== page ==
Lead Mentor: 
Michael Gusmano, College of Health

2024 Impact Fellows:
Nathan Balderas '27
Ashley Kim '27
Aasser Omar '27
Nikitha Ram '26
Kasey Vanegas '27
Thomas Megan '27

Project Description:
The nation’s 10.5 million undocumented immigrants constitute a “medical underclass” in American society. Apart from their eligibility for emergency Medicaid, undocumented immigrants as a population are ineligible for public health insurance programs, including Medicare, Medicaid, the Child Health Insurance Program (CHIP), and subsidies available to purchase private health insurance under the Patient Protection and Affordable Care Act (ACA), because they are not “lawfully present” in the U.S. Surprisingly little is known about how health care professionals and safety-net organizations serving immigrants cope with federal law and other restrictions on meeting the health care needs of undocumented immigrants when they seek care, and about actual policies on the ground.

This project will study how safety-net health care systems in San Francisco, Houston, and New York City are allocating resources, undertaking local experiments to improve access to health care, and defining their obligations to some of society’s most vulnerable members. We will identify and analyze the formal and informal policies of three of the nation’s largest cities. How is health care to undocumented immigrants actually provided in each of the three cities? Where are the gaps and what are providers’ uncertainties in these systems of care in each city?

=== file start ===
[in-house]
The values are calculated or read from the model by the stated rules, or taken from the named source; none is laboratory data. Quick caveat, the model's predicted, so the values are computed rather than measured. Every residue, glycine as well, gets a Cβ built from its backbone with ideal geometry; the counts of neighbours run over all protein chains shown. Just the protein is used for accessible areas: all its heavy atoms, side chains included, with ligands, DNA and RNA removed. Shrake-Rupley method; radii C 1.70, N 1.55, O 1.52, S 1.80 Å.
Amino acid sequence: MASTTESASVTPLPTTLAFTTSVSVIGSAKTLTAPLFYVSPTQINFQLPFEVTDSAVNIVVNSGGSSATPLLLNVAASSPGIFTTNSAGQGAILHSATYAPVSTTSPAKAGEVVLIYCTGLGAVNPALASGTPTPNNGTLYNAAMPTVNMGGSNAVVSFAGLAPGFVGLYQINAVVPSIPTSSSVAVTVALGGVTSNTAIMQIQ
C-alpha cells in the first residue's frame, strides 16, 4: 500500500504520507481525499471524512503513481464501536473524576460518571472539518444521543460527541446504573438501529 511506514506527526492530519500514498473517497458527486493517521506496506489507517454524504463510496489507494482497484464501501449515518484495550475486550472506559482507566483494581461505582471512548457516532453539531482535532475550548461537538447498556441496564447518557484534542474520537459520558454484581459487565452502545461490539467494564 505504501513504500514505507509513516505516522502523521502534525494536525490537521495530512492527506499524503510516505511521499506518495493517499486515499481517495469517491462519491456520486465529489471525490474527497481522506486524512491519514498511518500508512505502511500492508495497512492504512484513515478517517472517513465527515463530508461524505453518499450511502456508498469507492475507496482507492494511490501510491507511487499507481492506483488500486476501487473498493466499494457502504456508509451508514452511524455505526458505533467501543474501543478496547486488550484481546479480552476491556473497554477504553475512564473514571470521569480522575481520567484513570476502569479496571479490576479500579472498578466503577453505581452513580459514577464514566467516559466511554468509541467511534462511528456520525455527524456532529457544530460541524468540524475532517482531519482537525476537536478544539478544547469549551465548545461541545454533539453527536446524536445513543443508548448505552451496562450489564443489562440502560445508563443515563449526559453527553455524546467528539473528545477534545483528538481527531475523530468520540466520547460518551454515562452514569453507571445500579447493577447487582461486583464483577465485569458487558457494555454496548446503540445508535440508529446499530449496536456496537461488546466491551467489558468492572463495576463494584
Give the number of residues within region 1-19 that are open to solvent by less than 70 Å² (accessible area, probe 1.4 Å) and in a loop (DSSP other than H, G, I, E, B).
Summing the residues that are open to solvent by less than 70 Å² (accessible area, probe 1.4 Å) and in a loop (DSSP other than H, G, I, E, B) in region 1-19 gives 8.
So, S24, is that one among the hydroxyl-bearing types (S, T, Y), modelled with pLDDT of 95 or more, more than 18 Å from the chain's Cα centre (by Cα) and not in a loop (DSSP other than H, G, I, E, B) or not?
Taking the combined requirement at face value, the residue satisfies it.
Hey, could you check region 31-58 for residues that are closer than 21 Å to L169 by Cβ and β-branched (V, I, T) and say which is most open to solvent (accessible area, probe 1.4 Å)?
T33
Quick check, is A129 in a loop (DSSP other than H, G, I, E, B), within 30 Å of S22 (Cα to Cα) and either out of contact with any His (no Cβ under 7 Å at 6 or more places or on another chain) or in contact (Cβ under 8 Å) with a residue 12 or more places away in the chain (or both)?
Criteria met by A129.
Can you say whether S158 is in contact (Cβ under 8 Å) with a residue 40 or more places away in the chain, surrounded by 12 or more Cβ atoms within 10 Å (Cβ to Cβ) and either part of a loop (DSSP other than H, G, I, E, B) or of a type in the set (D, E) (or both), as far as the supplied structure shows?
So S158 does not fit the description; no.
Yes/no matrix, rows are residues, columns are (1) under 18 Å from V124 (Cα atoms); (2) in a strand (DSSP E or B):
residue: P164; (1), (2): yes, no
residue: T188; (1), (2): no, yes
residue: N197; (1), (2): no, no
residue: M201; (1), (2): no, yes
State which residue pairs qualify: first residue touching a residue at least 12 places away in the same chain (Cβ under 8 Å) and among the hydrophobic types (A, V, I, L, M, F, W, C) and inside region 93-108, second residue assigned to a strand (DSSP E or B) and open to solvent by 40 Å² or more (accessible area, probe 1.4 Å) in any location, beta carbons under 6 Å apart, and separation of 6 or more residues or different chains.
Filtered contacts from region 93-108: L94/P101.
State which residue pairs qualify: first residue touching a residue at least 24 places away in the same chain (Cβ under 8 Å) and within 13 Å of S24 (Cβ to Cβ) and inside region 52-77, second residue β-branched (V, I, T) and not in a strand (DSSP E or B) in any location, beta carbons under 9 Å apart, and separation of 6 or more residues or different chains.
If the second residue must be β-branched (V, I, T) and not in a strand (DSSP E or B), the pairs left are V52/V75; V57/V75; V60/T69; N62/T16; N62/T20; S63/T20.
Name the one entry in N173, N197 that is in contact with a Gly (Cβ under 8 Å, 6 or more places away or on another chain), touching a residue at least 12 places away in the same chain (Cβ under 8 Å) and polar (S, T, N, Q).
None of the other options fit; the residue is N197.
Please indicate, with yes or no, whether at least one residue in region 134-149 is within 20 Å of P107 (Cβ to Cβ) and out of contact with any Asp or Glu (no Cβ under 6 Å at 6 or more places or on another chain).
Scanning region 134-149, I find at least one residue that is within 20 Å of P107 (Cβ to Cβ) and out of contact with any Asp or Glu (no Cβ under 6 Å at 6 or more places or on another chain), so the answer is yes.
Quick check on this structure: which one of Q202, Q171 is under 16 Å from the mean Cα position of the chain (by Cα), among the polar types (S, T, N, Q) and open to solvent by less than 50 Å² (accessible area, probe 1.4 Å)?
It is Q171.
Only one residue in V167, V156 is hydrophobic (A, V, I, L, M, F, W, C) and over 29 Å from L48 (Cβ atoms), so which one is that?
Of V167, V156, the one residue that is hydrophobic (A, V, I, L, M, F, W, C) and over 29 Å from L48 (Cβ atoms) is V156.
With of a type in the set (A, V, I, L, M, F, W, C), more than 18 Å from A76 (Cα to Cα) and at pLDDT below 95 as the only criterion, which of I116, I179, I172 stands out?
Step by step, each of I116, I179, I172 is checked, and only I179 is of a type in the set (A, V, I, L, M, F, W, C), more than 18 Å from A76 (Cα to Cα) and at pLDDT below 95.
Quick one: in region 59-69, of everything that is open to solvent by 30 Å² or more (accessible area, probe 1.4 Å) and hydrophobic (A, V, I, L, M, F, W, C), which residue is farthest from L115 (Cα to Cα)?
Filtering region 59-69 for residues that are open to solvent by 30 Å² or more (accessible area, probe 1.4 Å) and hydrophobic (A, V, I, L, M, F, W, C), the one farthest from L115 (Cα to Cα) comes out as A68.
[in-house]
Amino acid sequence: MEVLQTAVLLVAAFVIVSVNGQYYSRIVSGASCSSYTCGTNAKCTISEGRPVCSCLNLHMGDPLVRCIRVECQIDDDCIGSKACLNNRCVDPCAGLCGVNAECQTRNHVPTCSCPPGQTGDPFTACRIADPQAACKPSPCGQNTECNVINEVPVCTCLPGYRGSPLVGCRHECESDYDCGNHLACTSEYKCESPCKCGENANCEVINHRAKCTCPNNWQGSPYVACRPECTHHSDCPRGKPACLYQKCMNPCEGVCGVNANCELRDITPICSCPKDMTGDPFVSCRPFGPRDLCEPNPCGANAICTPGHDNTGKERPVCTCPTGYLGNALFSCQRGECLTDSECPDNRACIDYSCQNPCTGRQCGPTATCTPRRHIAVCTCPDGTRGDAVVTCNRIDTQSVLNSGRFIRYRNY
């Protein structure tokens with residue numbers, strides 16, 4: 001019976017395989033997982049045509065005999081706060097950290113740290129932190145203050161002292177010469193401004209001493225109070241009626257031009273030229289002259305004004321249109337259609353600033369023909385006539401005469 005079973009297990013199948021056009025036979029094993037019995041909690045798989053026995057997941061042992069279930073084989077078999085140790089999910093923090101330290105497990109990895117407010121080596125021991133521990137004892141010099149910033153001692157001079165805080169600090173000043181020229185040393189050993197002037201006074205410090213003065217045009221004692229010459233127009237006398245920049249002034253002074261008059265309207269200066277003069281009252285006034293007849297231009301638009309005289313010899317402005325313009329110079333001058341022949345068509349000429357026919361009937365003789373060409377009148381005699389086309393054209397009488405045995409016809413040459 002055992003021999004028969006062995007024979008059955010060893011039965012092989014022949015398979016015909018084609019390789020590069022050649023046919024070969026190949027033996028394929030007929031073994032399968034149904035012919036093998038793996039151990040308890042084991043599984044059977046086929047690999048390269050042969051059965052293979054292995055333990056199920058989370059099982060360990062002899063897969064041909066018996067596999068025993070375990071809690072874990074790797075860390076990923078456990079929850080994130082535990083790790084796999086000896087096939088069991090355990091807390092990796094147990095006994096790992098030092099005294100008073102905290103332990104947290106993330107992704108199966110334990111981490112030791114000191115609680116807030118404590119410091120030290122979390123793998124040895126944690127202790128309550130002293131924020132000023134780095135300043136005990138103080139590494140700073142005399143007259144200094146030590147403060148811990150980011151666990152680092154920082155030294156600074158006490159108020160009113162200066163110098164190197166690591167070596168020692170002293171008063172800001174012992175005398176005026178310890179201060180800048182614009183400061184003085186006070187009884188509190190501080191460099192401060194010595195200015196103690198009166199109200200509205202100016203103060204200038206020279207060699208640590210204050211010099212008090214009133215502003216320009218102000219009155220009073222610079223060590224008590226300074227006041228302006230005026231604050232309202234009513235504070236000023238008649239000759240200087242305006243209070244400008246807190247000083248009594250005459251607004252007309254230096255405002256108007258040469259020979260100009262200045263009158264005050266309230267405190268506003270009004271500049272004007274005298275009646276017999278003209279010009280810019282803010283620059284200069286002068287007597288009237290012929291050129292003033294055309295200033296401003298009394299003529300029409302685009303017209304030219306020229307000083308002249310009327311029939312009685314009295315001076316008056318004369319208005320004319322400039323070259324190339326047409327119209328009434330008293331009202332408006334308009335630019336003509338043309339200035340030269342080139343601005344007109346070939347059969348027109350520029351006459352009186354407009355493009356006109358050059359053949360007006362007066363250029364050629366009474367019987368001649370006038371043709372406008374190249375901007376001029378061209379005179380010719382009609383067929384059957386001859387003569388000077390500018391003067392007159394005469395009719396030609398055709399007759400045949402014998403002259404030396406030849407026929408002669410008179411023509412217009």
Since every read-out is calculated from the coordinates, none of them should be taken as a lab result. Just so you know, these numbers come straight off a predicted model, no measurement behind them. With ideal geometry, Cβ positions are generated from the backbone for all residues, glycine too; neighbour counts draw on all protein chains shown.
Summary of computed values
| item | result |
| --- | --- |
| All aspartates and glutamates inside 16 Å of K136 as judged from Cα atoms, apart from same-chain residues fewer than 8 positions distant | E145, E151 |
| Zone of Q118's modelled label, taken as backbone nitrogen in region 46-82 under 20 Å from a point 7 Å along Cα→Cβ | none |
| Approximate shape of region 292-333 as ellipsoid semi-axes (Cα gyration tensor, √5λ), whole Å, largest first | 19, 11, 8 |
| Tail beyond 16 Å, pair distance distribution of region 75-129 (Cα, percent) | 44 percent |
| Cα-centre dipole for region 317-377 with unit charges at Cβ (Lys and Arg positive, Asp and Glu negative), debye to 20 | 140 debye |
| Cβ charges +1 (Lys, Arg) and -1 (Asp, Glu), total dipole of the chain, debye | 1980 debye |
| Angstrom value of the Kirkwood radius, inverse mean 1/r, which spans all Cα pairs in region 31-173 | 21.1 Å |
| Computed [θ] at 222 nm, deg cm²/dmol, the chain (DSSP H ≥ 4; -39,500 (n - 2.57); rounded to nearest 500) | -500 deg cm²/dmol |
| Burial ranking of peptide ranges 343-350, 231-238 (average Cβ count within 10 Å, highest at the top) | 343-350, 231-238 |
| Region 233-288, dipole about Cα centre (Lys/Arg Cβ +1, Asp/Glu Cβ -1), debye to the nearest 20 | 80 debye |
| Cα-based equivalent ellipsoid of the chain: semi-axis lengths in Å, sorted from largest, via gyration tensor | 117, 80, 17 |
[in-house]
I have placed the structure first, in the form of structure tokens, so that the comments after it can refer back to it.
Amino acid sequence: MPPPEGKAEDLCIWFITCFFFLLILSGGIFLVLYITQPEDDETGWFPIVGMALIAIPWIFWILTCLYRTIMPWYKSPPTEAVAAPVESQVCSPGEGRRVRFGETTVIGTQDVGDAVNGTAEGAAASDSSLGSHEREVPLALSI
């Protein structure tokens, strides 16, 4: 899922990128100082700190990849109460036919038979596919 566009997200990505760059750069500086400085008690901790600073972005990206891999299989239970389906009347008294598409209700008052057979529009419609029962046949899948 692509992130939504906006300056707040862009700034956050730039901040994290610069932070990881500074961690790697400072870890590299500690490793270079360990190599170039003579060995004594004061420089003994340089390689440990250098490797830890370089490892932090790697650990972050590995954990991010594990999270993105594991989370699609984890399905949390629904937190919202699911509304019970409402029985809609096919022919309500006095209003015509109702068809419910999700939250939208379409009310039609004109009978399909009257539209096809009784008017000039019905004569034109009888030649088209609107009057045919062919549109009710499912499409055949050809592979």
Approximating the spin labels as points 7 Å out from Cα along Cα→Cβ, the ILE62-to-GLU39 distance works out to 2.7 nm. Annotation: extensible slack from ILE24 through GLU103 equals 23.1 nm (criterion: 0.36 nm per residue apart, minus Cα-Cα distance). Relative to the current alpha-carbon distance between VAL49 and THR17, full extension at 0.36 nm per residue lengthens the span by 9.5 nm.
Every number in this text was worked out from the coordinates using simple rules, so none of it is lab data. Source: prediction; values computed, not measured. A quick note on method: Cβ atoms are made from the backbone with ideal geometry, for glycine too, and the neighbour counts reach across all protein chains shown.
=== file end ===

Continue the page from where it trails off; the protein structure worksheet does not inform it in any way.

In year one, we will 1) draw on census and other local survey data to compare the changing demographic, health and socioeconomic characteristics of each city; 2) conduct a critical review of relevant policies and programs and 3) conduct in-depth interviews with advocates, medical professionals and policy makers in each city. The project will lead to several peer-reviewed journal articles describing and analyzing key findings from each city, and to policy recommendations that may be adopted by other communities across the U.S. The team will prepare reports and briefings for presentation to policy makers in these cities and to organizations such as the National Association of County and City Health Officials, the National Conference of State Legislatures, and the National Governors Association.